A 62 year old woman is brought into the emergency department by EMS after being found lethargic and confused. On arrival, she has a temperature of 34 degrees Celsius, a heart rate of 62, a blood pressure of 88/52, and an oxygen saturation of 92% on room air. The patient does not respond to voice, but withdraws and moans when touched, and doesn’t seem to have any focal neurologic deficits. About 20 minutes into the resuscitation, apparently knowing how hard the diagnosis of decompensated hypothyroidism (or myxedema coma) is to make, the family politely asks, “could this be related to her thyroid?”. Only then do you notice the scar on her neck and her thick waxy skin, and sheepishly ask the nurse to call the lab to add thyroid studies to the bloodwork you already sent.
Follow your approach to altered mental status (check a glucose)
In the first 10 minutes, you are unlikely to be managing “hypothyroidism”, because you won’t have made the diagnosis yet. Start with your general approach to altered mental status, which will include checking the glucose.
For more information about making the diagnosis of severe hypothyroidism, see the rapid review of the topic. The quick summary is that I am considering the diagnosis in anyone with altered mental status and either hypothermia or (relative) bradycardia.
Manage the airway
Start with basic airway maneuvers, but intubation will frequently be necessary, as a result of altered mental status, hypercapnia, and hypoxia. These patients often start hypoxic and hypercapnic, with a decreased functional capacity, and hemodynamic instability, so should be considered physiologically difficult airways. Additionally, hypothyroidism can cause edema of the tongue and larynx, resulting in anatomical difficulties with intubation that will not always be clinically apparent. (Bridwell 2021)
Manage the hemodynamics
Hypotension and hypoperfusion are common. Fluid boluses are used as the first line, but caution is required due to the possibility of low output heart failure. Hypotension is often refractory to vasopressors. The key to hemodynamic management is diagnosing hypothyroidism and treating it with thyroid hormone and steroids. (Bridwell 2021)
Give hydrocortisone 100 mg IV.
The hydrocortisone should be given before administration of levothyroxine, as levothyroxine can precipitate an adrenal crisis. Steroids are also a key component of hemodynamic management, as adrenal insufficiency will frequently be a contributor to the patient’s hypotension. (Bridwell 2021; Jonklaas 2014)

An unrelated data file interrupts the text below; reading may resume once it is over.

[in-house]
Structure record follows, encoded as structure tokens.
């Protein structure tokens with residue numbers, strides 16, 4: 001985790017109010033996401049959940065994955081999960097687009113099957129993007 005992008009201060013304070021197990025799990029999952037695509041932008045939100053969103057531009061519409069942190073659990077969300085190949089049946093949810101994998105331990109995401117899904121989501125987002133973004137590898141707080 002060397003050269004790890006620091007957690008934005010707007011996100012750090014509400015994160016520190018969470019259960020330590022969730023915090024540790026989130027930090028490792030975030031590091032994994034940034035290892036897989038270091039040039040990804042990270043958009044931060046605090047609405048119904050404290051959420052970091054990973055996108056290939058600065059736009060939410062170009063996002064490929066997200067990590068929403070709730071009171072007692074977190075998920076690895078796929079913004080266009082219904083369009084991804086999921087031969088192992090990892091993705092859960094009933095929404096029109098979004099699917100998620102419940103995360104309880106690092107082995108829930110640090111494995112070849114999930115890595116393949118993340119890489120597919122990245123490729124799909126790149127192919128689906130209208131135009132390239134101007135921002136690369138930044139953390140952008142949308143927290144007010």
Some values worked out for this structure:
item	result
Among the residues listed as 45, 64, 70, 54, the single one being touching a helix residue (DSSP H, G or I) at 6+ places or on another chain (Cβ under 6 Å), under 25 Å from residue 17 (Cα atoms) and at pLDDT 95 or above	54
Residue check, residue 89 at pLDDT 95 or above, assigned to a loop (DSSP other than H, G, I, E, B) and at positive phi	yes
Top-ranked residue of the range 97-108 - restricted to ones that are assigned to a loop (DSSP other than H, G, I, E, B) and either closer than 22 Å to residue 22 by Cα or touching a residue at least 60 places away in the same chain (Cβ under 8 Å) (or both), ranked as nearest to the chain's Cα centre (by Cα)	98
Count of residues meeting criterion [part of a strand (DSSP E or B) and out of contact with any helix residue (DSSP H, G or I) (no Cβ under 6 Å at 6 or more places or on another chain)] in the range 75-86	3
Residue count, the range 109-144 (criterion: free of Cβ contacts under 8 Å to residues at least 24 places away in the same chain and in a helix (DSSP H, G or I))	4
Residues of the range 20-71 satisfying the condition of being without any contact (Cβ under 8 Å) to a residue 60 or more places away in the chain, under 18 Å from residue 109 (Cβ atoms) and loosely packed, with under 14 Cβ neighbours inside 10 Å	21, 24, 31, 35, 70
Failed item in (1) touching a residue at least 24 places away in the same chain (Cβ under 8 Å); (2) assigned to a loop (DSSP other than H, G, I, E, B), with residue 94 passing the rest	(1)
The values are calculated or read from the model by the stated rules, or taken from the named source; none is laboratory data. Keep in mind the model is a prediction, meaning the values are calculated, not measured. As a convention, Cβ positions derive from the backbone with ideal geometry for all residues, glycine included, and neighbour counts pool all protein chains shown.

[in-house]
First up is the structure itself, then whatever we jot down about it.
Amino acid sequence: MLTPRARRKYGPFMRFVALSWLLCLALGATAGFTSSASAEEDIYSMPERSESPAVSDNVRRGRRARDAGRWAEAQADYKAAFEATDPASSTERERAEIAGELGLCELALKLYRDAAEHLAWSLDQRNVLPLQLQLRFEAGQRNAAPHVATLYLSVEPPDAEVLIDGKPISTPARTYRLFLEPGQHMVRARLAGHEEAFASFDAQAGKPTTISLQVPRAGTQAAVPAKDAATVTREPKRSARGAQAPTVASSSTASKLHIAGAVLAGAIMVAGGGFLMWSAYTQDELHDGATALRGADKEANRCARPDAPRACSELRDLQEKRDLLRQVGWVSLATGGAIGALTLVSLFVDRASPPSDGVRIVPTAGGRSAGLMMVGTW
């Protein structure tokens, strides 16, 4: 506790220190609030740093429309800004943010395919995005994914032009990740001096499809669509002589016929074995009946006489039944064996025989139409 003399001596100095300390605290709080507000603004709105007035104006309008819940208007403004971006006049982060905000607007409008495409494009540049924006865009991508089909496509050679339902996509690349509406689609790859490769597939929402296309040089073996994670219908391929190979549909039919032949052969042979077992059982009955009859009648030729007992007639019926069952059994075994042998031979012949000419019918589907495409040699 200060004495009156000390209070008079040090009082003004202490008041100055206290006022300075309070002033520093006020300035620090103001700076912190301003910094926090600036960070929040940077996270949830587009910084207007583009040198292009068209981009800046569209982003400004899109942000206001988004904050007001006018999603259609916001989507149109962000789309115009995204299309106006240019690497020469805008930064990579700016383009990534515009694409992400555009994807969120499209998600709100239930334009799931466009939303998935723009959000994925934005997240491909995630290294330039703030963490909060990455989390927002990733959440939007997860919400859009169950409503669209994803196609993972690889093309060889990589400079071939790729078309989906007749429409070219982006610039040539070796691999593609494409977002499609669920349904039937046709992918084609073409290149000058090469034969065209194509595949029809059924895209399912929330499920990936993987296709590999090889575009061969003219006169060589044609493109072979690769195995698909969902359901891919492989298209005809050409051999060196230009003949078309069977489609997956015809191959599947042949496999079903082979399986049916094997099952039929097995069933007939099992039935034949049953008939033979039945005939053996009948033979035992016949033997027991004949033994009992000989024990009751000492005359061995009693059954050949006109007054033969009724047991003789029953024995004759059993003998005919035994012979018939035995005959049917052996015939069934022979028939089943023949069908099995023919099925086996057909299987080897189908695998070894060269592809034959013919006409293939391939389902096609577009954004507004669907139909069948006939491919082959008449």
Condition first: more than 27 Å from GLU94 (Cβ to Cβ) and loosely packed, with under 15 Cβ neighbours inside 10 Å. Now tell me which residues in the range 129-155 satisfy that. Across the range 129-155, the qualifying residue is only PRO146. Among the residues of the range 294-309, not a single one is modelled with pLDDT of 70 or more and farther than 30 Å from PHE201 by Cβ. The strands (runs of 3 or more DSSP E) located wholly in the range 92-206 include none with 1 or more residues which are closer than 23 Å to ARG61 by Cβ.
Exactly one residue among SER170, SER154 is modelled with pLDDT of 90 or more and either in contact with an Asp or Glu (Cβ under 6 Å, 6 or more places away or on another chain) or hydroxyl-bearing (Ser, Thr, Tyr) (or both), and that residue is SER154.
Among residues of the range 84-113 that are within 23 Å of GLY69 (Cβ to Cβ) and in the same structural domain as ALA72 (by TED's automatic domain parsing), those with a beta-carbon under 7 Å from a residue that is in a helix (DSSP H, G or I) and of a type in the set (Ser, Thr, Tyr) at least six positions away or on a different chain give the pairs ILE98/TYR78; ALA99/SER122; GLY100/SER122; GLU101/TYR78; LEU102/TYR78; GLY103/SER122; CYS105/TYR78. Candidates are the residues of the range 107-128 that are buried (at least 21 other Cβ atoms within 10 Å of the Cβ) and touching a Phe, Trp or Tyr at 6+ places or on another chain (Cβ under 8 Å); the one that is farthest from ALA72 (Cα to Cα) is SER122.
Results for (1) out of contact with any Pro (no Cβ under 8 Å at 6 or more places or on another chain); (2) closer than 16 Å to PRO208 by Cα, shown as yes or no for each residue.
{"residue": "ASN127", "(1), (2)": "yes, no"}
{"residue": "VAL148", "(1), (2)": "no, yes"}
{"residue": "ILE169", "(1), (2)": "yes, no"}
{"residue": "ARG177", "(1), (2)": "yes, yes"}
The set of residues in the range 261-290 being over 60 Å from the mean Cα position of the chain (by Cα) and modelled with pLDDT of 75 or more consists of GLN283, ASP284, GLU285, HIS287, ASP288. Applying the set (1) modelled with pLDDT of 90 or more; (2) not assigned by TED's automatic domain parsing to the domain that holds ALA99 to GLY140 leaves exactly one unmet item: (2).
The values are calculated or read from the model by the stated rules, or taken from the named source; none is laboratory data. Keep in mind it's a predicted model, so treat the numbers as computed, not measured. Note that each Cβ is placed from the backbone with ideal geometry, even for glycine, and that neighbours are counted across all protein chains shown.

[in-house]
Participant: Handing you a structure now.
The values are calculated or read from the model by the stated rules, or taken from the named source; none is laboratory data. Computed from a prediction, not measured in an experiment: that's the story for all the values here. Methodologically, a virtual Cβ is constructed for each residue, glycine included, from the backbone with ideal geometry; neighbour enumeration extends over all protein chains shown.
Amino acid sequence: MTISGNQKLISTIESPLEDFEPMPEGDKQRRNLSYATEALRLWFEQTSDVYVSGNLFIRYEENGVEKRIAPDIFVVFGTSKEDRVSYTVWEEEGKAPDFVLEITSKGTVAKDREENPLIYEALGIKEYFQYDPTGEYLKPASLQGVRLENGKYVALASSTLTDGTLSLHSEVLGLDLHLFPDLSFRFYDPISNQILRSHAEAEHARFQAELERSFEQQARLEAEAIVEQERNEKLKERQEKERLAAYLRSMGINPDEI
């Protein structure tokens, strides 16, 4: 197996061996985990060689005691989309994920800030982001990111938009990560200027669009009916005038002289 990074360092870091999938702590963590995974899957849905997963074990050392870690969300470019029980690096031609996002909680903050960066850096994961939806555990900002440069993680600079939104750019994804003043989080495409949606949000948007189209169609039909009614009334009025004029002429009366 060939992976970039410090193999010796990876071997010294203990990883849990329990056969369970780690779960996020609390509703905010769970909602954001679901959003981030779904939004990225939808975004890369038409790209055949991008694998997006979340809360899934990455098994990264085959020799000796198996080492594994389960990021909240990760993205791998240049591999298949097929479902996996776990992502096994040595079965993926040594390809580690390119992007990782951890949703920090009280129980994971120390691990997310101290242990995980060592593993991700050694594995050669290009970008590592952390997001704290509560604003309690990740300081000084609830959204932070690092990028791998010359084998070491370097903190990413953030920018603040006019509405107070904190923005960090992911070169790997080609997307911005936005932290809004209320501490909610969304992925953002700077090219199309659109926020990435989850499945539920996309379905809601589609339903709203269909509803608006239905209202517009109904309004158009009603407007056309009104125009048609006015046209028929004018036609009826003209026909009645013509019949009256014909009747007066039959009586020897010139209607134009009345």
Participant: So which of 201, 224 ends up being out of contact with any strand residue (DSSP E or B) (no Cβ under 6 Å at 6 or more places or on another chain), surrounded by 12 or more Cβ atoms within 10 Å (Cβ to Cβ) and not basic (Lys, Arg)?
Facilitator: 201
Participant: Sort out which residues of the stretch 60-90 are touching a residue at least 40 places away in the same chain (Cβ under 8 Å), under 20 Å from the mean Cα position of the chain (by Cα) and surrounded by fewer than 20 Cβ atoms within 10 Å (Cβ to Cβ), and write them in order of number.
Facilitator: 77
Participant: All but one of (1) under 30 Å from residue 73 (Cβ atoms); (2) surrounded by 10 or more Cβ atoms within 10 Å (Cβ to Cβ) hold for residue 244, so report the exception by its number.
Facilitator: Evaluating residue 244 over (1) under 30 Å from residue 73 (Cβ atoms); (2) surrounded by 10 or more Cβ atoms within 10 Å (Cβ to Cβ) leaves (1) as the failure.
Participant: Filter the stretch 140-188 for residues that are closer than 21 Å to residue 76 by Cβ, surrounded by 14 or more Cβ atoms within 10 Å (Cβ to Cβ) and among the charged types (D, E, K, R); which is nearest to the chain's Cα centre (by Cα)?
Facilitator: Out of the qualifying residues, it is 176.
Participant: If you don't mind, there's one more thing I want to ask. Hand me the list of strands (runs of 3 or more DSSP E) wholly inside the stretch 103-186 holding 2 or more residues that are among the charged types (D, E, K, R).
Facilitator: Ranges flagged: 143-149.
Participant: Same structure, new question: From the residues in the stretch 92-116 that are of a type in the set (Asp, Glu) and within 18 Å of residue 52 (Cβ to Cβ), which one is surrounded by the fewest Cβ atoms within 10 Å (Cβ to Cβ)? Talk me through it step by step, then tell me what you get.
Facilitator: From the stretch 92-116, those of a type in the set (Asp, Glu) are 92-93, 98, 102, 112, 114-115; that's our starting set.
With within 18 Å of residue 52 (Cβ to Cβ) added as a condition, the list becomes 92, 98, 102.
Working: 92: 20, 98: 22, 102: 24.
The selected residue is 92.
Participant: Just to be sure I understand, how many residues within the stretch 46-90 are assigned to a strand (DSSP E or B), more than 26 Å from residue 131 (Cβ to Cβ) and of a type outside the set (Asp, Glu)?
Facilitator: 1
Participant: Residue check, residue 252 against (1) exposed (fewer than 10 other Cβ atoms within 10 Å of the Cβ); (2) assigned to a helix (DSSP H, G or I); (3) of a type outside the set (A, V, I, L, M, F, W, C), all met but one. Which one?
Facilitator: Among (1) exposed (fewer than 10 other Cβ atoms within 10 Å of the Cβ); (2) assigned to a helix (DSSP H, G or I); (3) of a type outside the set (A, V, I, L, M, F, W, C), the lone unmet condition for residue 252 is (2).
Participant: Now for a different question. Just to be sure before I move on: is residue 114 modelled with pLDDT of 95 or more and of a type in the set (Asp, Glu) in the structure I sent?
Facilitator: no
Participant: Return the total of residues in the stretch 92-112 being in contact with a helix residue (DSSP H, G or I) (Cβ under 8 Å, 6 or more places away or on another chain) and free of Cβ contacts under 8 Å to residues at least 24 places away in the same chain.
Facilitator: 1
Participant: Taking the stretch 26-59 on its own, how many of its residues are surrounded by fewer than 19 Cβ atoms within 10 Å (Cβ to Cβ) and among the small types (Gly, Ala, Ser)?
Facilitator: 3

Give levothyroxine (+/- T3)
Levothyroxine (T4) 200-400 mcg IV. (Consider a lower dose in elderly patients and those with significant cardiac disease). (Bridwell 2021; Farkas 2016; Jonklaas 2014) Because T4 is the inactive form of the hormone, it is safe to give this dose empirically if there will be a delay in obtaining lab results.
The use of T3 is more controversial, and the risk of adverse events is higher than with T4. Personally, I will do my best to talk with an endocrinologist before giving T3, but if I have a critically ill patient who hasn’t responded to T4 and I am pretty convinced of the diagnosis, I will give the loading dose of 5-10 mcg IV, with smaller doses for older patients or those with known cardiac disease. (Jonklaas 2014, Farkas 2016)
Identify the underlying cause
Severe hypothyroidism is usually triggered by an underlying cause which needs to be rapidly identified and managed. (Bridwell 2021) My memory gets worse and worse each year, so I will just come back to this checklist:
- GI bleed
- Iodinated contrast
Sepsis is the most common cause, and has many overlapping features. Empiric antibiotics in the emergency department will almost always be warranted.
Supportive care is very important
High quality supportive care – including diligent management of temperature, electrolytes, fluids, respiration, and hemodynamics – is essential.
There is some concern that active rewarming could result in peripheral vasodilation and hemodynamic collapse, although the evidence for that is questionable. Start with passive rewarming with blankets and ensure the room is warm. (Bridwell 2021)
Hypoglycemia and hyponatremia are very common. An ICU level of attention is essential (and therefore the best step in management might simply be to transfer the patient from the emergency department to the ICU).
If seizures occur, use your standard (aggressive) status epilepticus algorithm, but keep in mind that secondary causes, such as hypoglycemia, hypoxia, and hyponatremia, are more common and need to be urgently diagnosed and managed. (Bridwell 2021)
In severe cases, ECMO has been used to provide hemodynamic support and active rewarming. (Bridwell 2021)
Other FOAMed Resources
EMCrit offers us some excellent opposing opinions on the role of T3 in the management of severe hypothyroidism: EMCrit 292 – IV T3 for Myxedema Coma, A Different Take with Eve Bloomgarden and EMCrit 290 – Decompensated Hypothyroidism and Myxedema with Dr. Arti Bhan
Bridwell RE, Willis GC, Gottlieb M, Koyfman A, Long B. Decompensated hypothyroidism: A review for the emergency clinician. Am J Emerg Med. 2021 Jan;39:207-212. doi: 10.1016/j.ajem.2020.09.062 PMID: 33039222
Farkas, J. Decompensated Hypothyroidism (“Myxedema Coma”). In: Internet Book of Critical Care (IBCC). 2016. Available: https://emcrit.org/ibcc/myxedema/
Jonklaas J, Bianco AC, Bauer AJ, Burman KD, Cappola AR, Celi FS, Cooper DS, Kim BW, Peeters RP, Rosenthal MS, Sawka AM; American Thyroid Association Task Force on Thyroid Hormone Replacement. Guidelines for the treatment of hypothyroidism: prepared by the american thyroid association task force on thyroid hormone replacement. Thyroid. 2014 Dec;24(12):1670-751. doi: 10.1089/thy.2014.0028. PMID: 25266247
Kwaku MP, Burman KD. Myxedema coma. J Intensive Care Med. 2007 Jul-Aug;22(4):224-31. doi: 10.1177/0885066607301361. PMID: 17712058